Samsung Galaxy 10.1 Gets Rooted, Hardly Puts Up a Fight


Well what did you expect when the advance release of the Samsung Galaxy 10.1 came at Google I/O? Of course the thing is already rooted, but the surprisingly simple procedure might have something to do with it, too. The process simply involves mounting the Galaxy Tab’s file system and copying a few files that grant Super User access and you’re done. Doesn’t take more than about 15 minutes, which is about as fast as it gets these days (one-click apps aside).

Credite goes out to @_mrbirdman_ and a crew from You can find the full instructions at the source link below. Now the question is whether or not Sammy patches this method up before launching to the general public.

[via AllDroid]

Kevin Krause
Pretty soon you'll know a lot about Kevin because his biography will actually be filled in!

Toshiba’s Honeycomb Tablet Delayed Until End of Summer

Previous article

Sharp Unveils Aquos Phone SH-12C with 3D Cameras, qHD 3D Display

Next article

You may also like


  1. Samsung, not “Sammy”.

    1. Seriously?

  2. I cannot stress it enough: I WANT THIS TABLET.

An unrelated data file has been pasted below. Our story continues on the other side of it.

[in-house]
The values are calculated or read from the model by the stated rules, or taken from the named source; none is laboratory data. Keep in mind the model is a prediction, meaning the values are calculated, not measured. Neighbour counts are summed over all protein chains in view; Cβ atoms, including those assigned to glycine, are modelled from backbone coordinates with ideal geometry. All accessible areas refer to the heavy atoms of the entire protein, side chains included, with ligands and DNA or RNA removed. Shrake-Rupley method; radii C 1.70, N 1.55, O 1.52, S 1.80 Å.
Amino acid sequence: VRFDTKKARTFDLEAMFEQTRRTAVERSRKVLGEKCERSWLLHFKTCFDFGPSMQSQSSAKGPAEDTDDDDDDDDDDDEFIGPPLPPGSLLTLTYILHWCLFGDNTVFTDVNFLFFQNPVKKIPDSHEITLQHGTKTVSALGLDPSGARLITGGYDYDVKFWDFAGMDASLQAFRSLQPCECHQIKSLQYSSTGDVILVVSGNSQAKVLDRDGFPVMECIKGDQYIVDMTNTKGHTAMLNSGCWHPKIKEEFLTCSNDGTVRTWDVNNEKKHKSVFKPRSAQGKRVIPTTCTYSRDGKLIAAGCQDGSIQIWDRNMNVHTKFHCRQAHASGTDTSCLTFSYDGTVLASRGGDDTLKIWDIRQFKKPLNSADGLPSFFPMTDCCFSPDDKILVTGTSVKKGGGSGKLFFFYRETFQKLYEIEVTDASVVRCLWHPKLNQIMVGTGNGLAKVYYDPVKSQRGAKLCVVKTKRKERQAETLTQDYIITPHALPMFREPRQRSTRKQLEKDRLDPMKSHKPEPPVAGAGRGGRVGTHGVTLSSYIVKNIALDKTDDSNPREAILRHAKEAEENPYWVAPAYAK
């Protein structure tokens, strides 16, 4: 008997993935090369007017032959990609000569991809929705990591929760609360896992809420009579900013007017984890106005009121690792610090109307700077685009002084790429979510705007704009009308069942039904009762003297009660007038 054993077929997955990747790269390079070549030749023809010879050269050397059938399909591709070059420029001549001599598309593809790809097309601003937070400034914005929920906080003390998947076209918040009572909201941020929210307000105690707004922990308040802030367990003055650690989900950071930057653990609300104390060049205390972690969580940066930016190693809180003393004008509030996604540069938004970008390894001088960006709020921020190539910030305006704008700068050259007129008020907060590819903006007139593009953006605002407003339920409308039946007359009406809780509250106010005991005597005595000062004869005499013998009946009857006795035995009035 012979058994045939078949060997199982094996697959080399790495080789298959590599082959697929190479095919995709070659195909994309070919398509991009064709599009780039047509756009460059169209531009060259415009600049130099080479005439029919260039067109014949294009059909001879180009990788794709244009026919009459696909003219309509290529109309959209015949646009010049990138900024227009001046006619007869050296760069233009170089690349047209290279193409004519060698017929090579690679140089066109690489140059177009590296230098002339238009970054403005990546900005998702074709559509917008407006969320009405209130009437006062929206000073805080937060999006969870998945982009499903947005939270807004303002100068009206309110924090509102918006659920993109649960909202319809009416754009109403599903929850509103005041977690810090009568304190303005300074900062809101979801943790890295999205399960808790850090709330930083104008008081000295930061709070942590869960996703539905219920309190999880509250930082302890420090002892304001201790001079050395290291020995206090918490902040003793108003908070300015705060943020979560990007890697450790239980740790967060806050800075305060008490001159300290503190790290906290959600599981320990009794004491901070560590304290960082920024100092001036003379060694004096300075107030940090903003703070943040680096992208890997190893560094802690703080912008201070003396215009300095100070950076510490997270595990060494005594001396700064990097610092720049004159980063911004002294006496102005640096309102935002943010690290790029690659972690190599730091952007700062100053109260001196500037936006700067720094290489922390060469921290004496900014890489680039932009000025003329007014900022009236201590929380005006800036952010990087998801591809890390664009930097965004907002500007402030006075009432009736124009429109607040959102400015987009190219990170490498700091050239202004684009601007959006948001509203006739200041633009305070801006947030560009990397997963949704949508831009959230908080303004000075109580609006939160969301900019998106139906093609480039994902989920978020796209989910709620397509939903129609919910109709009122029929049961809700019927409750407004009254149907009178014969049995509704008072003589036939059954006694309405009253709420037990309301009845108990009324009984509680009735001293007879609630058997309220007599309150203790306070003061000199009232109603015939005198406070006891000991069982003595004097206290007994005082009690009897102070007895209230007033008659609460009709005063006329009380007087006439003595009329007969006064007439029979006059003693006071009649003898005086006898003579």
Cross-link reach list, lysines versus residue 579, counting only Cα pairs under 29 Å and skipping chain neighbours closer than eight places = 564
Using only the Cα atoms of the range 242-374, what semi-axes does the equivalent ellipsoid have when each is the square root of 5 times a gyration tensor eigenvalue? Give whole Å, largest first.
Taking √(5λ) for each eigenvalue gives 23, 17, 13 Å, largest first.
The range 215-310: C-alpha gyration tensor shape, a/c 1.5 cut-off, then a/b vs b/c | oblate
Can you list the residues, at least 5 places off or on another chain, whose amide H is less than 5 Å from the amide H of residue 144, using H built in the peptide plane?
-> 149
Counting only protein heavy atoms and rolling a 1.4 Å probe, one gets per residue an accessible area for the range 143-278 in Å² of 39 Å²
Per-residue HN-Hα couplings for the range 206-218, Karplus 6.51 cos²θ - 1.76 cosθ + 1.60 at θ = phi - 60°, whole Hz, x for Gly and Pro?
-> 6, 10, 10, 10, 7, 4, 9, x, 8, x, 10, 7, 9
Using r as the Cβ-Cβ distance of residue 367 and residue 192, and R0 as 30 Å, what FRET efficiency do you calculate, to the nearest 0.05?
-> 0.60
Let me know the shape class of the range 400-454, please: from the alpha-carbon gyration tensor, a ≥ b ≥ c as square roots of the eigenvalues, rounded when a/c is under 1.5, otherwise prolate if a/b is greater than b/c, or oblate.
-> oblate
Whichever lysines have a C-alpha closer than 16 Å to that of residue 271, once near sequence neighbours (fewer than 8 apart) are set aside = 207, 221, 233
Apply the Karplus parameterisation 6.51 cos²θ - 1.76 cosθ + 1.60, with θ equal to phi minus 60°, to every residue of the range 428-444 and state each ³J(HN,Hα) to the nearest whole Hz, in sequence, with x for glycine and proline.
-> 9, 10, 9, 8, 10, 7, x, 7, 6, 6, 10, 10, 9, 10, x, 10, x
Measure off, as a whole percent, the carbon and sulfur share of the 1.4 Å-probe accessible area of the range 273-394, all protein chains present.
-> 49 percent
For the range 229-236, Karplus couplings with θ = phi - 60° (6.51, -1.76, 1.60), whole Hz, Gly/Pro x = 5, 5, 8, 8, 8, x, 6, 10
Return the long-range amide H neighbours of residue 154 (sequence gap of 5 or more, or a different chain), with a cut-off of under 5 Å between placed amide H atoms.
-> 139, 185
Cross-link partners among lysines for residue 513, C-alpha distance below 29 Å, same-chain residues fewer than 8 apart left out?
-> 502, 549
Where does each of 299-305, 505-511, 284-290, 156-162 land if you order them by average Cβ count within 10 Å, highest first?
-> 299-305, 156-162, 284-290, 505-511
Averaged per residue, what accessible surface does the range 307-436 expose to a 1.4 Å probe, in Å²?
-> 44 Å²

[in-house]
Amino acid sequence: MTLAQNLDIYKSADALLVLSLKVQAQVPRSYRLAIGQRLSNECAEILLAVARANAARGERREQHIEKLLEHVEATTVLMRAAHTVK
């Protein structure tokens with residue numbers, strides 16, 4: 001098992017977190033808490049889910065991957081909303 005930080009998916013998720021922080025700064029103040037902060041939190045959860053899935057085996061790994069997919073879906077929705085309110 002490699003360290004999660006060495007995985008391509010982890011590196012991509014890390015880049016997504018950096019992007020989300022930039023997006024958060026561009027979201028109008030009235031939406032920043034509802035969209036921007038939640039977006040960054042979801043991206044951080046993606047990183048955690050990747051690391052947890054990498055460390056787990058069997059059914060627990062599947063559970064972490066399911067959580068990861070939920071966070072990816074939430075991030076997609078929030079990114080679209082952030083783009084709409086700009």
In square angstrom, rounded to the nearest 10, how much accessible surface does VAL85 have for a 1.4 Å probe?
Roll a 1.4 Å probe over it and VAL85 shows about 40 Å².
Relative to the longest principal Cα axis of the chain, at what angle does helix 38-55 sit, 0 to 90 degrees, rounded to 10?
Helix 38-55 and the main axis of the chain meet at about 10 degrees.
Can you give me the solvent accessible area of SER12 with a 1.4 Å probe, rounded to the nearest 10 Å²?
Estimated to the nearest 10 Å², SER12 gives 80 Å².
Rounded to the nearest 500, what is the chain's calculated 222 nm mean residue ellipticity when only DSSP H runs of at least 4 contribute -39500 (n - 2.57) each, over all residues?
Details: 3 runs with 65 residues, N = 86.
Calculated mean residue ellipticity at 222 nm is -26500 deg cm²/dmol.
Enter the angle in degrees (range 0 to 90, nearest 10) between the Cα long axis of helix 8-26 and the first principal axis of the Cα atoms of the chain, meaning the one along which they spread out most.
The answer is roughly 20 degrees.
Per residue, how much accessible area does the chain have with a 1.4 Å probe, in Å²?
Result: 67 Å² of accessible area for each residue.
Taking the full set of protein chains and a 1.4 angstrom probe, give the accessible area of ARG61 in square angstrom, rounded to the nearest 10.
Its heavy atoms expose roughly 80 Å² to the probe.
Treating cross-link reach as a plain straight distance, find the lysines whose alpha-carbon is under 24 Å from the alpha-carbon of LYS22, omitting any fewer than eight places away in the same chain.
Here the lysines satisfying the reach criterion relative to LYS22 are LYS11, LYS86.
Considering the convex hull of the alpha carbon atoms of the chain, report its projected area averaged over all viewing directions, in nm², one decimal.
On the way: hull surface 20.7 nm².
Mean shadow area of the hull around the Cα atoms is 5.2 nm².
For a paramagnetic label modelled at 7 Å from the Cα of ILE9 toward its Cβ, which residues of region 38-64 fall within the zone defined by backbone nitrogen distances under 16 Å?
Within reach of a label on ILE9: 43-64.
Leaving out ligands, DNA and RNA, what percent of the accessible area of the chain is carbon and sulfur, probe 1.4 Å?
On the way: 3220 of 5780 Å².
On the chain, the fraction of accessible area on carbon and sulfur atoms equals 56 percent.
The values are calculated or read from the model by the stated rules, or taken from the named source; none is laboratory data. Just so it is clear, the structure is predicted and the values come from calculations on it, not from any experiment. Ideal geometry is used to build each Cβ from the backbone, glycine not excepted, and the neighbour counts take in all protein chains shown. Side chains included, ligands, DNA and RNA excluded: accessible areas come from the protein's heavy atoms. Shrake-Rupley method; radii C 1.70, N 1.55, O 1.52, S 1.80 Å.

-Honeycomb awesomeness

    -Lighter and Thinner than other Tablets

    -Awesome Screen and Awesome Cameras

    -Dual Core nVidia processor with up to 60FPS

    I don’t think there’s a way that this tablet could disappoint someone…

    1. The Nvidia processor is trash

      1. And the basis for that comment is….what?

        If you’re using the XOOM’s ability to run video, then you’re way off base. Motorola seriously screwed that processor over when it comes to video codecs. Other manufacturers have had amazingly good implementation of the Tegra2, such as the gTablet (which I currently own). Sure, the screen is crap, but the graphics are smooth as butter.

      2. Shut up stupid.

    2. It’s not the NVIDIA Tegra 2 CPU, it’s the Exynos 4210 that’s in the Galaxy S2.

      1. In an article from yesterdays’ galaxy tab giveaway, people were posting that benchmarks read like the nVidia processor is on board. Of course, that could simply be for that specific device, as they are limited edition tablets.

        1. Really? Hmm. I wish Samsung would just come out and say what it is.

  3. This is really not that surprising as Samsung devices have always been very open. I own a Galaxy S and it’s really a great phone. It is impossible to brick, unless you super-overclock it and burn out the processor. Samsung never locks bootloaders or NAND.

    1. so far and they say they have no plans to start locking things down. . . as opposed to others–HTC & MOTO

  4. I think that maybe this needs to be taken with a grain of salt, after all this device hasn’t had its chance to be locked down tight by one of our good friends the service providers.

Leave a reply

Your email address will not be published. Required fields are marked *

More in News